“Black don’t crack” is often a phrase of endearment among the Black community when referencing an elder that looks good. What if I told you your Black could crack? That is if you don’t take care of it, of course. We often neglect the use of suncare. UV Rays can have damaging effects on the skin. Here I have some info on UV Rays, the effects, and ways to protect that melanin!
What are UVA and UVB Rays?
There are many different types of rays present in sunlight. The rays that are most damaging to our skin are called ultraviolet (UV) rays. Two basic types of ultraviolet rays reach the earth’s surface—UVB and UVA. UVB rays are responsible for producing sunburn. The UVB rays also play the most significant role in causing skin cancers, including the deadly black mole form of skin cancer (malignant melanoma).
UVA rays also play a role in skin cancer formation. Also, the UVA rays penetrate more deeply into the skin and play a significant role in premature skin aging changes, including wrinkle formation (photoaging).
Deepening Hyperpigmentation (Dark Marks and Scarring)
An increase in melanin production causes hyperpigmentation. Melanin is the natural pigment that gives our skin, hair, and eyes their color. This increased production is triggered by various factors, but the main ones are sun exposure, age, hormonal influences, and skin injuries or inflammation.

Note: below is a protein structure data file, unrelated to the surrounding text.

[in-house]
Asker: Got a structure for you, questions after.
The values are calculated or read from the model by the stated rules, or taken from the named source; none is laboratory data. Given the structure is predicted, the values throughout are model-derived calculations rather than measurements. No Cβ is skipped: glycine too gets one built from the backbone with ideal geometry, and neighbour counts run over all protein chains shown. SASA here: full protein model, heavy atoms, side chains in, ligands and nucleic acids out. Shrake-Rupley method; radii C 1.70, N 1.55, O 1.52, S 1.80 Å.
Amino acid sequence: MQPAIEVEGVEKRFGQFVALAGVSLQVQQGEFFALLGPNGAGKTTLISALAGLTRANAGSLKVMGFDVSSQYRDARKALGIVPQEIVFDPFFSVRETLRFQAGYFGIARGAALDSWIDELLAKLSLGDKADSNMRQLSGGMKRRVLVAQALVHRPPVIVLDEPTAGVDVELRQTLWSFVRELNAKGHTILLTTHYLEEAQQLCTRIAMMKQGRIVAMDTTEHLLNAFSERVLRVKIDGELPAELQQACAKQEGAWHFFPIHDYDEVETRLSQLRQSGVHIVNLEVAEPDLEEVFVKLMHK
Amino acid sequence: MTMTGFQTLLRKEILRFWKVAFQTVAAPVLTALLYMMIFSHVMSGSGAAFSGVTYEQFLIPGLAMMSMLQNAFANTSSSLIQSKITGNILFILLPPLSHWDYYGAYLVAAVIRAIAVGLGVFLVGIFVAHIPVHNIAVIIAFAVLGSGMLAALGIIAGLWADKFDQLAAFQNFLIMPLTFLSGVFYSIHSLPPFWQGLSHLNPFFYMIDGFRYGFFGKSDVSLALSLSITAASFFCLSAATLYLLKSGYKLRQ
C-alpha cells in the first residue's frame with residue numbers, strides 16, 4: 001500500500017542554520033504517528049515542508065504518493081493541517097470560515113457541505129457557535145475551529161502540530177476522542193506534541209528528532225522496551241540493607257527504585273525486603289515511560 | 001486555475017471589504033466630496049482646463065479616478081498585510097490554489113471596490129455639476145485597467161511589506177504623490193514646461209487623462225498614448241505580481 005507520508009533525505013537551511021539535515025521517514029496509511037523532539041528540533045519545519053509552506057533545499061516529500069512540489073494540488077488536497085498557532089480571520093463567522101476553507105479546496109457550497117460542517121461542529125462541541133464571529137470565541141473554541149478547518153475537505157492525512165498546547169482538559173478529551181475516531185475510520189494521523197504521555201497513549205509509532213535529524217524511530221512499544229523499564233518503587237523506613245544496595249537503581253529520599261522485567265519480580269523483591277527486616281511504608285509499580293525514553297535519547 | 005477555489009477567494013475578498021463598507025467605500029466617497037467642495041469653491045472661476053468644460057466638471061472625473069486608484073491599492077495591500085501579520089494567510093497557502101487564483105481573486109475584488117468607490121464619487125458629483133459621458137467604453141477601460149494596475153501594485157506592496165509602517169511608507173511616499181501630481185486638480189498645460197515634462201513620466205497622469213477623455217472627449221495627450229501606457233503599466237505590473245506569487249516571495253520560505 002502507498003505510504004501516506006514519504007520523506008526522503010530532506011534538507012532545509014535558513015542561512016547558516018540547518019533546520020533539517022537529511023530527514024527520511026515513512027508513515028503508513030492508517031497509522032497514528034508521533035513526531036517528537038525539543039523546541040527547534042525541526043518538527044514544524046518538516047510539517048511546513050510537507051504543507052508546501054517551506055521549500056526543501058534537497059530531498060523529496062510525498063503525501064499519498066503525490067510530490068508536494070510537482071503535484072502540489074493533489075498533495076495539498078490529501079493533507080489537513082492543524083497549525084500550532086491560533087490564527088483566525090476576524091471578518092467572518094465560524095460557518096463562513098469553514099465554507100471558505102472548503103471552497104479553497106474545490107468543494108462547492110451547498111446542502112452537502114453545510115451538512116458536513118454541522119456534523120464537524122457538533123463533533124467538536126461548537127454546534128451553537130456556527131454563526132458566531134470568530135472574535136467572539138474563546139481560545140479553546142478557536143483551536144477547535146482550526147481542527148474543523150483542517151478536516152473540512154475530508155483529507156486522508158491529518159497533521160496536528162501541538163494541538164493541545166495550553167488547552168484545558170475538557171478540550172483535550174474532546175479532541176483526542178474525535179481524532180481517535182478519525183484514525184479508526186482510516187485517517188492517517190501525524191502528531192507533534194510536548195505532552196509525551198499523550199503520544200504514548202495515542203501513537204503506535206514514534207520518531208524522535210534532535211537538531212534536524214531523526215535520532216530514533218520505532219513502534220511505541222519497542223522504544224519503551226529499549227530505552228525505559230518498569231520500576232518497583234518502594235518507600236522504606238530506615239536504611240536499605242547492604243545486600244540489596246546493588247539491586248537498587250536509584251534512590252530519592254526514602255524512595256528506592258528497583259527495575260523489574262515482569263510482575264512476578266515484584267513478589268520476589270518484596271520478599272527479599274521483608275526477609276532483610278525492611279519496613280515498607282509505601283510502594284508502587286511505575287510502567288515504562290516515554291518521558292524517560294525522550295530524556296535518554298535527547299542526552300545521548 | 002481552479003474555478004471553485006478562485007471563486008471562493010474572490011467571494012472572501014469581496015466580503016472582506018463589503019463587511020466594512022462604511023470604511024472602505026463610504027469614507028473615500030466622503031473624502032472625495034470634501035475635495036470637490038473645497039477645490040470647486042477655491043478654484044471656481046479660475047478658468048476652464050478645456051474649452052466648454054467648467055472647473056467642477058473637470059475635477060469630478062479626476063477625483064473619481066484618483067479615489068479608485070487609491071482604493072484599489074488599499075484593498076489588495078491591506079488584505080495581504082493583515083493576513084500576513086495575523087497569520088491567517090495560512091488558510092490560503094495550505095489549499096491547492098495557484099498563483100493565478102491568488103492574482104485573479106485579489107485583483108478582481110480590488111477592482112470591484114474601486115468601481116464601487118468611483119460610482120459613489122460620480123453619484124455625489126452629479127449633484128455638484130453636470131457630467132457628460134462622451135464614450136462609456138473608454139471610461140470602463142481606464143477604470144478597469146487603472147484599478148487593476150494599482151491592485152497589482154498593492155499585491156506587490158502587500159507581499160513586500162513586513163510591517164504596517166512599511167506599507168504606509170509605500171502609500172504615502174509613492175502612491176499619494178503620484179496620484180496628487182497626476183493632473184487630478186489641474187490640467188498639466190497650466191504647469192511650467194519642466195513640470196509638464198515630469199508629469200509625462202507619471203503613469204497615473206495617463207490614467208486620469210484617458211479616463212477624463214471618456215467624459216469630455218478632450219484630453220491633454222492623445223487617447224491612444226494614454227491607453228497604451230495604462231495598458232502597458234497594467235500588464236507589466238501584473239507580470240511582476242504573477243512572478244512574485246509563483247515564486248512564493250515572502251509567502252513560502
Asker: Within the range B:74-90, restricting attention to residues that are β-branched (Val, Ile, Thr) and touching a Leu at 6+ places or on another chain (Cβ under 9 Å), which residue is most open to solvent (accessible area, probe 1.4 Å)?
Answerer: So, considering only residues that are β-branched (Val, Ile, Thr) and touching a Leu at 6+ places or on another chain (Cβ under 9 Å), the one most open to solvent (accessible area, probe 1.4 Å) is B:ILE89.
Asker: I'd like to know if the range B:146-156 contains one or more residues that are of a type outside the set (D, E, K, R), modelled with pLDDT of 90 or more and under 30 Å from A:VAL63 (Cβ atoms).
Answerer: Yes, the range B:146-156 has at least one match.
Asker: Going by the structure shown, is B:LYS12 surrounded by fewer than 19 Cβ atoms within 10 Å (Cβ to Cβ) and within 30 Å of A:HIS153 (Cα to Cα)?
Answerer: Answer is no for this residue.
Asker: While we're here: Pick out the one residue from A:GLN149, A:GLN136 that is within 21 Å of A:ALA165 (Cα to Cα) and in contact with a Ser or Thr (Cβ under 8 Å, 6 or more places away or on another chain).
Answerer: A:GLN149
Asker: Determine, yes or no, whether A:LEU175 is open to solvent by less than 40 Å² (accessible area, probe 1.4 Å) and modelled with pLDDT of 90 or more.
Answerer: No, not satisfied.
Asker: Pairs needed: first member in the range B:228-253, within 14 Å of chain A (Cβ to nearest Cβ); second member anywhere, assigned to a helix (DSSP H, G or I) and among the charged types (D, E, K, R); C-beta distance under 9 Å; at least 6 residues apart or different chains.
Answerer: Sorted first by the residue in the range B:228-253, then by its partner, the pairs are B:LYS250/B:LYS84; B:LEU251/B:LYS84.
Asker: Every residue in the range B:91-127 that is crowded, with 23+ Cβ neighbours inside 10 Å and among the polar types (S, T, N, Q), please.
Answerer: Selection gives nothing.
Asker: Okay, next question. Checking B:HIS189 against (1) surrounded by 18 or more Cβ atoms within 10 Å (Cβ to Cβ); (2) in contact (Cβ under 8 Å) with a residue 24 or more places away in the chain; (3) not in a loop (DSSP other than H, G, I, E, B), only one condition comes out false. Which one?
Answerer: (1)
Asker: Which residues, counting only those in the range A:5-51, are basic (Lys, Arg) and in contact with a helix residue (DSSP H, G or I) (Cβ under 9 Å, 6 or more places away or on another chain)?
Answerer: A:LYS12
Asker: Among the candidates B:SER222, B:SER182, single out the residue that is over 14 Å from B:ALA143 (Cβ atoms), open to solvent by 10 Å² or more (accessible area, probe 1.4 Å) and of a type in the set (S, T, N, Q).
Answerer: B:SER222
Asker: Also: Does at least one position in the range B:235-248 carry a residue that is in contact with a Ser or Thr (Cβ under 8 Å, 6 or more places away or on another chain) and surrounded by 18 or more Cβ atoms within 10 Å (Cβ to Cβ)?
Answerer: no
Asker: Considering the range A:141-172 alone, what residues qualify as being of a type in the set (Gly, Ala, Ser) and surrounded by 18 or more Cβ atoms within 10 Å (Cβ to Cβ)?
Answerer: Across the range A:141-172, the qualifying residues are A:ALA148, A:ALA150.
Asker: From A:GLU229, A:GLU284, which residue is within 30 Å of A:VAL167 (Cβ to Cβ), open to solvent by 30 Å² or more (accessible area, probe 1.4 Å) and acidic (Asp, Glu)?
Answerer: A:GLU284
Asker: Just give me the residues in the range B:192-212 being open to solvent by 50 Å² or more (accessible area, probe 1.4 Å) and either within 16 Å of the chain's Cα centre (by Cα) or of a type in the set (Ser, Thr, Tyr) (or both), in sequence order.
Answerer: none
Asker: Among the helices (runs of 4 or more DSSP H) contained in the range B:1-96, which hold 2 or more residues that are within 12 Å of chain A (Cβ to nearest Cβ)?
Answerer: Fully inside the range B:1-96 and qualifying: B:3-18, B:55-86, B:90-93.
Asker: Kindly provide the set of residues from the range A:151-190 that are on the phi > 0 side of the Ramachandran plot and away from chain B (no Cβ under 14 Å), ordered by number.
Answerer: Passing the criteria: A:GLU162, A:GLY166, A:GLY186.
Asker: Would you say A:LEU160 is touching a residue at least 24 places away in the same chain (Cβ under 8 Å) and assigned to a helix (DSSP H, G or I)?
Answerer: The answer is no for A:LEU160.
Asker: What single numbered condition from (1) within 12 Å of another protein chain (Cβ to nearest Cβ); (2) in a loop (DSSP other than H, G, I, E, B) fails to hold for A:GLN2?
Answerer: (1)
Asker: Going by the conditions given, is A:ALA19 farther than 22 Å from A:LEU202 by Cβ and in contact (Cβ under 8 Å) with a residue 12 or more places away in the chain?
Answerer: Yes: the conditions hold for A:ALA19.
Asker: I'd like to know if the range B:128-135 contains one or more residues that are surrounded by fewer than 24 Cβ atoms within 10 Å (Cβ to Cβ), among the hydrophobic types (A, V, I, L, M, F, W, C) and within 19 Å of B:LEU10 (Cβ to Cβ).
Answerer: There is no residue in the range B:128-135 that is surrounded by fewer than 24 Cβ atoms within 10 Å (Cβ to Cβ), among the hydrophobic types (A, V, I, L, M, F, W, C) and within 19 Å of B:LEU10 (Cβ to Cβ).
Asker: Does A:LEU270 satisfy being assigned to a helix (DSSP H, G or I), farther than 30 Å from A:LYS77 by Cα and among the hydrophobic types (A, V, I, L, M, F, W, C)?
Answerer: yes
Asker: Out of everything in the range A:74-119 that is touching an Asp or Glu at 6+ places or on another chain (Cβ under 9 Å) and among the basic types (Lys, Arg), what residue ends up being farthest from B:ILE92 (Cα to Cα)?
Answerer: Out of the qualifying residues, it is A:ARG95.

Sun exposure is the number one cause of hyperpigmentation as it’s sunlight that triggers the production of melanin in the first place. Melanin acts as your skin’s natural sunscreen by protecting you from harmful rays, which is why people tan in the sun. But excessive sun exposure can disrupt this process, leading to hyperpigmentation.
Melanin Protects us from Skin Cancer
It’s true! It is a bit harder for Black skin to develop skin cancer. Our melanin does protect us from it. However, it does not make us exempt.
Physical sunblock sits on top of the skin and reflects the sun’s rays. The minerals titanium dioxide and zinc oxide are the main active ingredients in physical blocks. You know those movies where you see the lifeguard with the white paste on his nose. That’s a physical sunscreen. As a Black Woman, who has time for that? I use chemical sunscreen. Chemical sunscreen absorbs into the skin and then absorbs UV rays, converts the rays into heat, and releases them from the body.
So, a couple of tips and recommendations. First, you want to use a sunscreen with SPF 30 or higher. I use Black Girl Sunscreen or SuperGoop Unseen Screen as my daily base. It doesn’t leave a white cast like other sunscreens. Then, you want to reapply every two hours. To refresh during the day, I use Supergoop! Defense Refreshsetting Mist SPF 50. It is a lightweight mist that can also double as a makeup refresher.
Please, do your melanin a favor and protect it! Thanks for reading!